Source: Diabetes risk doubles with more than two soft drinks daily – Medical News Today
Hop on and ride, ride, ride to prevent diabetes
Even if you have type 2 diabetes already, share this post with someone who has prediabetes or risk of getting T2 diabetes. You could save a life and prevent a lot of hassle.
A new study, published this week in the journal Diabetologia, takes a deeper look at the role of exercise in the development of type 2 diabetes. It is the most in-depth study to examine exercise independent from other influential factors, such as diet. The conclusions from the report are clear: “This research shows that some physical activity is good, but more is better.” (says study co-author Dr. Soren Brage)
Currently, physical activity guidelines in the U.S. and the United Kingdom recommend 150 minutes of moderate activity or 75 minutes of vigorous activity per week; this could include cycling, walking, or sports. However, according to the Centers for Disease Control and Prevention (CDC), fewer than 50 percent of American adults meet these recommendations.
The current study was a result of collaborative work between two institutions – University College London and the University of Cambridge, both of which are based in the U.K. Data from more than 1 million people was collated. In all, the team analyzed 23 studies from the U.S., Asia, Australia, and Europe.
According to the analysis, cycling or walking briskly for 150 minutes each week cuts the risk of developing type 2 diabetes by up to 26 percent.
Those who exercise moderately or vigorously for an hour each day reduced their risk by 40 percent. At the other end of the scale, for those who did not manage to reach the 150 minute target, any amount of physical activity they carried out still reduced the risk of type 2 diabetes, but to a lesser extent.
Source: Exercise vs. diabetes: New level of detail uncovered – Medical News Today
Steve Parker, M.D.
PS: If you want to start an exercise program, my books will get you started.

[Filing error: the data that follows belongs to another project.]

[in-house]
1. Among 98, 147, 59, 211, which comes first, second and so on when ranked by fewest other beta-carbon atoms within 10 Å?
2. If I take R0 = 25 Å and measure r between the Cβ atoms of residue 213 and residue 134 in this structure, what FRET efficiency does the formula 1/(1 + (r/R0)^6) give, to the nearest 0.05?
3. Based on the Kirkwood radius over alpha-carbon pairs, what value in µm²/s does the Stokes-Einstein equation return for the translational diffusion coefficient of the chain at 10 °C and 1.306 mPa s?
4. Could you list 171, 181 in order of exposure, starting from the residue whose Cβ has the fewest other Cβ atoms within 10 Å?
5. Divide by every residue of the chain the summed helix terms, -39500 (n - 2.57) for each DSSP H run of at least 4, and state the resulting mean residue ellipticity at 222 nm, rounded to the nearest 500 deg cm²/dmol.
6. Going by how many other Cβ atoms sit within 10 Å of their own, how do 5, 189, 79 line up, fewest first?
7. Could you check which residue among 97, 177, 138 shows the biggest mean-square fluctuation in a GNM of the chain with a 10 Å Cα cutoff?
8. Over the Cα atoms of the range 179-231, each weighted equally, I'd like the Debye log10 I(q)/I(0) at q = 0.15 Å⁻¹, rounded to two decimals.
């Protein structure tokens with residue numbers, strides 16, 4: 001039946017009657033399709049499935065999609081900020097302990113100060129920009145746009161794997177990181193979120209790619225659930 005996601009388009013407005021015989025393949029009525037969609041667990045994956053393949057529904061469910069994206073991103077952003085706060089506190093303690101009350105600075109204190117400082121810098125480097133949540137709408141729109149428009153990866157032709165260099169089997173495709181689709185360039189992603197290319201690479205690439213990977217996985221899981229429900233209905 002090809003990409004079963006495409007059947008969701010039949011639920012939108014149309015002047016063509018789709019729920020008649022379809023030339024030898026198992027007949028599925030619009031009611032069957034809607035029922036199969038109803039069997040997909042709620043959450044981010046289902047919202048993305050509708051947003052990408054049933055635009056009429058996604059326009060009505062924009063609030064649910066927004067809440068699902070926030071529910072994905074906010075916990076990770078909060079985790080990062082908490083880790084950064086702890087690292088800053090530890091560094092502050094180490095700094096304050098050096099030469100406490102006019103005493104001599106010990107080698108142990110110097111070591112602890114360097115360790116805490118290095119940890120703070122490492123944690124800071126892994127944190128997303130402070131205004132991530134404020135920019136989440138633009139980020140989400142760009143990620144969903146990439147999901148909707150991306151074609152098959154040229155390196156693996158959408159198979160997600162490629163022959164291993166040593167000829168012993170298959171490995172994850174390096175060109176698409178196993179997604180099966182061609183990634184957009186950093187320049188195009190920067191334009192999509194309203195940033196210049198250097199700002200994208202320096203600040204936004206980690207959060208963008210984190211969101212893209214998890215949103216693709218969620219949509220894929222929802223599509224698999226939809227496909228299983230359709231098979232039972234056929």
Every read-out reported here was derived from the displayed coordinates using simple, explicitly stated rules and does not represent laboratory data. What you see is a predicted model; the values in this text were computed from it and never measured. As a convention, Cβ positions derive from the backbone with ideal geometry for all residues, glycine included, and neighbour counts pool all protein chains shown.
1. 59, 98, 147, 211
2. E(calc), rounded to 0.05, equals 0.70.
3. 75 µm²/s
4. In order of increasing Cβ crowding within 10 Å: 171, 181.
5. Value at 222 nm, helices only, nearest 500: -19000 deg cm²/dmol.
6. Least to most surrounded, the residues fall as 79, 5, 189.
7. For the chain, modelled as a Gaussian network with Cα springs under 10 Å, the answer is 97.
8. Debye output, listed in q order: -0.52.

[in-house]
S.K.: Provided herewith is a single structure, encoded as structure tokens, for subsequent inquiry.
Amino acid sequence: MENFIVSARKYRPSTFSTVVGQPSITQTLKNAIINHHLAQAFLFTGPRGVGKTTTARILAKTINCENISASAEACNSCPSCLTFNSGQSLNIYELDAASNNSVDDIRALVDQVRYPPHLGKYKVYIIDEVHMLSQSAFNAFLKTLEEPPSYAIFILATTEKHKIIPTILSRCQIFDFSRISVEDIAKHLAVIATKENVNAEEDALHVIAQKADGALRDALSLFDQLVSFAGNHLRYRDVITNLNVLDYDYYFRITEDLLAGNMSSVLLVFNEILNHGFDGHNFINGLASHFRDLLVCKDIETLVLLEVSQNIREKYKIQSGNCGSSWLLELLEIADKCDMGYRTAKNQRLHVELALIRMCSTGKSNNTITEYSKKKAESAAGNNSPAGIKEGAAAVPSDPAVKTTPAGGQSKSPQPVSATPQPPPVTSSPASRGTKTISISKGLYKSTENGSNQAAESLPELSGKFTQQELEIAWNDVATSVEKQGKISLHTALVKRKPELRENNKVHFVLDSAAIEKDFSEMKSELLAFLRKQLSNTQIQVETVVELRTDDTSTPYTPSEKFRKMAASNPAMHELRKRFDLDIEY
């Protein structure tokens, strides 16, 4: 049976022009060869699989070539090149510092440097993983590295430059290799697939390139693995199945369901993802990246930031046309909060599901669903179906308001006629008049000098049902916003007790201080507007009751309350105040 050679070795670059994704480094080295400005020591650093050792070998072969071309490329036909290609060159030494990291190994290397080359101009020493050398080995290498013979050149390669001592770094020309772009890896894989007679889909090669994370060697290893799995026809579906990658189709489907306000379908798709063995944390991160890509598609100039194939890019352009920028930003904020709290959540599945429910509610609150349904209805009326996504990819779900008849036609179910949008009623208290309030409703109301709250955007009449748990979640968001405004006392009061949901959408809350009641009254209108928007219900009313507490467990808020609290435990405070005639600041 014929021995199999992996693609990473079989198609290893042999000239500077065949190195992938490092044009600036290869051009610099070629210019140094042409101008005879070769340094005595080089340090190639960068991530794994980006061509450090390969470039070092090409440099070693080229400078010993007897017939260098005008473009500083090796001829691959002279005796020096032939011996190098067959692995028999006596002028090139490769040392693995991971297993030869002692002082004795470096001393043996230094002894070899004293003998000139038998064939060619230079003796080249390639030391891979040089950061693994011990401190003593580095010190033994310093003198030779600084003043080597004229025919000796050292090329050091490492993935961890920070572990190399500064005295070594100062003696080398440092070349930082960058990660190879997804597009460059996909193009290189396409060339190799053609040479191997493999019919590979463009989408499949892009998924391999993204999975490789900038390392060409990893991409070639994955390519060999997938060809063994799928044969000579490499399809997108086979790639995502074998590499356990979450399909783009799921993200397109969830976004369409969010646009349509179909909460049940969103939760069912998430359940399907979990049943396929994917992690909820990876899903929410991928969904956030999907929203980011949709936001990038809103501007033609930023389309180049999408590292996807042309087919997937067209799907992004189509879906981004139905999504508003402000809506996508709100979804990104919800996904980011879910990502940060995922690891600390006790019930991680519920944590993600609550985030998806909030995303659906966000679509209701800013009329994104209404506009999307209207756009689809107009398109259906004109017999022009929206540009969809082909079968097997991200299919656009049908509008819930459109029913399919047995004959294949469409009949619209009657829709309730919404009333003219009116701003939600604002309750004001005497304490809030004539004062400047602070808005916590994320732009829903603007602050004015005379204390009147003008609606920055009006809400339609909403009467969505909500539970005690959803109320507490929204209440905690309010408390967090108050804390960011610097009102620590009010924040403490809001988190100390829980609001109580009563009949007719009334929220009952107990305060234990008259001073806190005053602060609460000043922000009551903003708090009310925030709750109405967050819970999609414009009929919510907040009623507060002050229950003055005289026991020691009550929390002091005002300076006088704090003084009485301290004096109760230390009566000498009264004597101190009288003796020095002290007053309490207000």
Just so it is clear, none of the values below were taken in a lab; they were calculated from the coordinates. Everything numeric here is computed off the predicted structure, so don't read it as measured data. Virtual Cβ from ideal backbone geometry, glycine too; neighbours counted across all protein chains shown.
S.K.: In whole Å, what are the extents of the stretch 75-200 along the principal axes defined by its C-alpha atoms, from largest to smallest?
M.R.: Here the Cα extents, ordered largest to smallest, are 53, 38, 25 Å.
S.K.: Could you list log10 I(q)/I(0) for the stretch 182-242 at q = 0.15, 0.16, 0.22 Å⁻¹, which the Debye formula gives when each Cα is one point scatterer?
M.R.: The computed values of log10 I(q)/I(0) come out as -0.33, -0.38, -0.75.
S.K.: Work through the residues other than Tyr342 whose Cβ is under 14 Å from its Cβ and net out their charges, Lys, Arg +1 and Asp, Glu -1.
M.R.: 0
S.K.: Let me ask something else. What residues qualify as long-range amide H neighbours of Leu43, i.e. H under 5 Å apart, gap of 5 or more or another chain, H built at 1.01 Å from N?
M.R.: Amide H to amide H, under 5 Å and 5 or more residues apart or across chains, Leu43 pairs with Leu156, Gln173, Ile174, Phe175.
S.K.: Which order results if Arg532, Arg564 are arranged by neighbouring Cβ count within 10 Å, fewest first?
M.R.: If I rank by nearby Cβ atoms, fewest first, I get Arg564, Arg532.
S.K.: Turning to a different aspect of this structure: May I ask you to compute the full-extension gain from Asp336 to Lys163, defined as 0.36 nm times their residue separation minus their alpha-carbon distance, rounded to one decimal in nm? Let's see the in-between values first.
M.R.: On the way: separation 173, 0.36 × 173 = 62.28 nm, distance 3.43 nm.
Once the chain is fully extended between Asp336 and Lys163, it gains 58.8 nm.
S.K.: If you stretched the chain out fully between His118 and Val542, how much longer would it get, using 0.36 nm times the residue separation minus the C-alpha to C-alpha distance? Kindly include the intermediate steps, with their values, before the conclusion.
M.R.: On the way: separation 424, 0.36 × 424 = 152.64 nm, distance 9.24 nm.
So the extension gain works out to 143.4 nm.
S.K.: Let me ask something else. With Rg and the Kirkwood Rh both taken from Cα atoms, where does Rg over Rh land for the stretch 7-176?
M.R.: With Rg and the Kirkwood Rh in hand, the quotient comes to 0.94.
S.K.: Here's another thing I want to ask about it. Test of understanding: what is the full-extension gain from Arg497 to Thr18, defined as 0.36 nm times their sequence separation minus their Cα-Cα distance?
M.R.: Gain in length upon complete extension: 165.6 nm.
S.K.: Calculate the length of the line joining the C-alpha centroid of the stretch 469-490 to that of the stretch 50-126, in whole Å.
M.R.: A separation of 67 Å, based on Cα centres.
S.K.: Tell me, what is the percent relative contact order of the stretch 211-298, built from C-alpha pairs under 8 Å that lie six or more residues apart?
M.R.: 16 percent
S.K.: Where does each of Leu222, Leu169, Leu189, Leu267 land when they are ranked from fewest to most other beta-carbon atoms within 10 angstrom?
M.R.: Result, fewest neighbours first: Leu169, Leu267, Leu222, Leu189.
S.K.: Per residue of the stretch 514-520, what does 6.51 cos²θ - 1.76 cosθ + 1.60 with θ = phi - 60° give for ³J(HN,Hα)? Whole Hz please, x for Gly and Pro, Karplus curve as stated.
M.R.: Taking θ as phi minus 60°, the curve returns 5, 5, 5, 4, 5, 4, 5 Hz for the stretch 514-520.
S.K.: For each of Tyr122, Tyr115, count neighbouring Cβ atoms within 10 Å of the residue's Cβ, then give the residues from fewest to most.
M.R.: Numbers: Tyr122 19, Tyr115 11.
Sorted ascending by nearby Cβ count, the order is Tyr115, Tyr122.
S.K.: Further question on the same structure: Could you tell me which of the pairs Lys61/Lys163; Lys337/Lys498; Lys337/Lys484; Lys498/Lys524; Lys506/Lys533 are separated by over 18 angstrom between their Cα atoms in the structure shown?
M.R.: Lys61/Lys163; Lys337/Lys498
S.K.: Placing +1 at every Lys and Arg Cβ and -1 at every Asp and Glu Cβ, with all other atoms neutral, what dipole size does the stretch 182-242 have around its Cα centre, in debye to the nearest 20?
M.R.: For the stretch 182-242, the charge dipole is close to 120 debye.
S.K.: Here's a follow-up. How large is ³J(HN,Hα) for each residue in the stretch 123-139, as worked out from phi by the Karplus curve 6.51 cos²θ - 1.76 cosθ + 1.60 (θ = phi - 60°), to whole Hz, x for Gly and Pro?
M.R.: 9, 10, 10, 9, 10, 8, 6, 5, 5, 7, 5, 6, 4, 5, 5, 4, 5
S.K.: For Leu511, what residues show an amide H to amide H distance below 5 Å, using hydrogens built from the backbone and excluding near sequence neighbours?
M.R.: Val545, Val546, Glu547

These new research findings are from the Framingham Heart Study’s Offspring Cohort.
Those in the highest quartile of sugar-sweetened beverage consumption (I.e., six servings a week) has almost double the odds of developing prediabetes compared to the lowest quartile.
No similar association was found for diet sodas.
The higher risk for prediabetes may be related to insulin resistance.
Source: Sugary Beverages Raise Risk of Prediabetes | Medpage Today
That’s a dumbbell in her right hand. I work-out with those myself.
I don’t have access to the full scientific report, but I’ve posted part of the abstract below.
The biggest problem with the study at hand is that physical activity apparently was surveyed only at the start of this 14-year study. Results would be much more robust if activity was surveyed every year or two. My overall activity level seems to change every two or three years. How about you?
“Compared to women who reported no strength training, women engaging in any strength training experienced a reduced rate of type 2 diabetes of 30% when controlling for time spent in other activities and other confounders. A risk reduction of 17% was observed for cardiovascular disease among women engaging in strength training. Participation in both strength training and aerobic activity was associated with additional risk reductions for both type 2 diabetes and cardiovascular disease compared to participation in aerobic activity only.
CONCLUSIONS: These data support the inclusion of muscle-strengthening exercises in physical activity regimens for reduced risk of type 2 diabetes and cardiovascular disease, independent of aerobic exercise. Further research is needed to determine the optimum dose and intensity of muscle-strengthening exercises.”
Source: Strength Training and the Risk of Type 2 Diabetes and Cardiovascular Disease. – PubMed – NCBI
Steve Parker, M.D.
PS: Cardiovascular disease includes heart attack, cardiac death, stroke, coronary angioplasty, and coronary artery bypass grafting.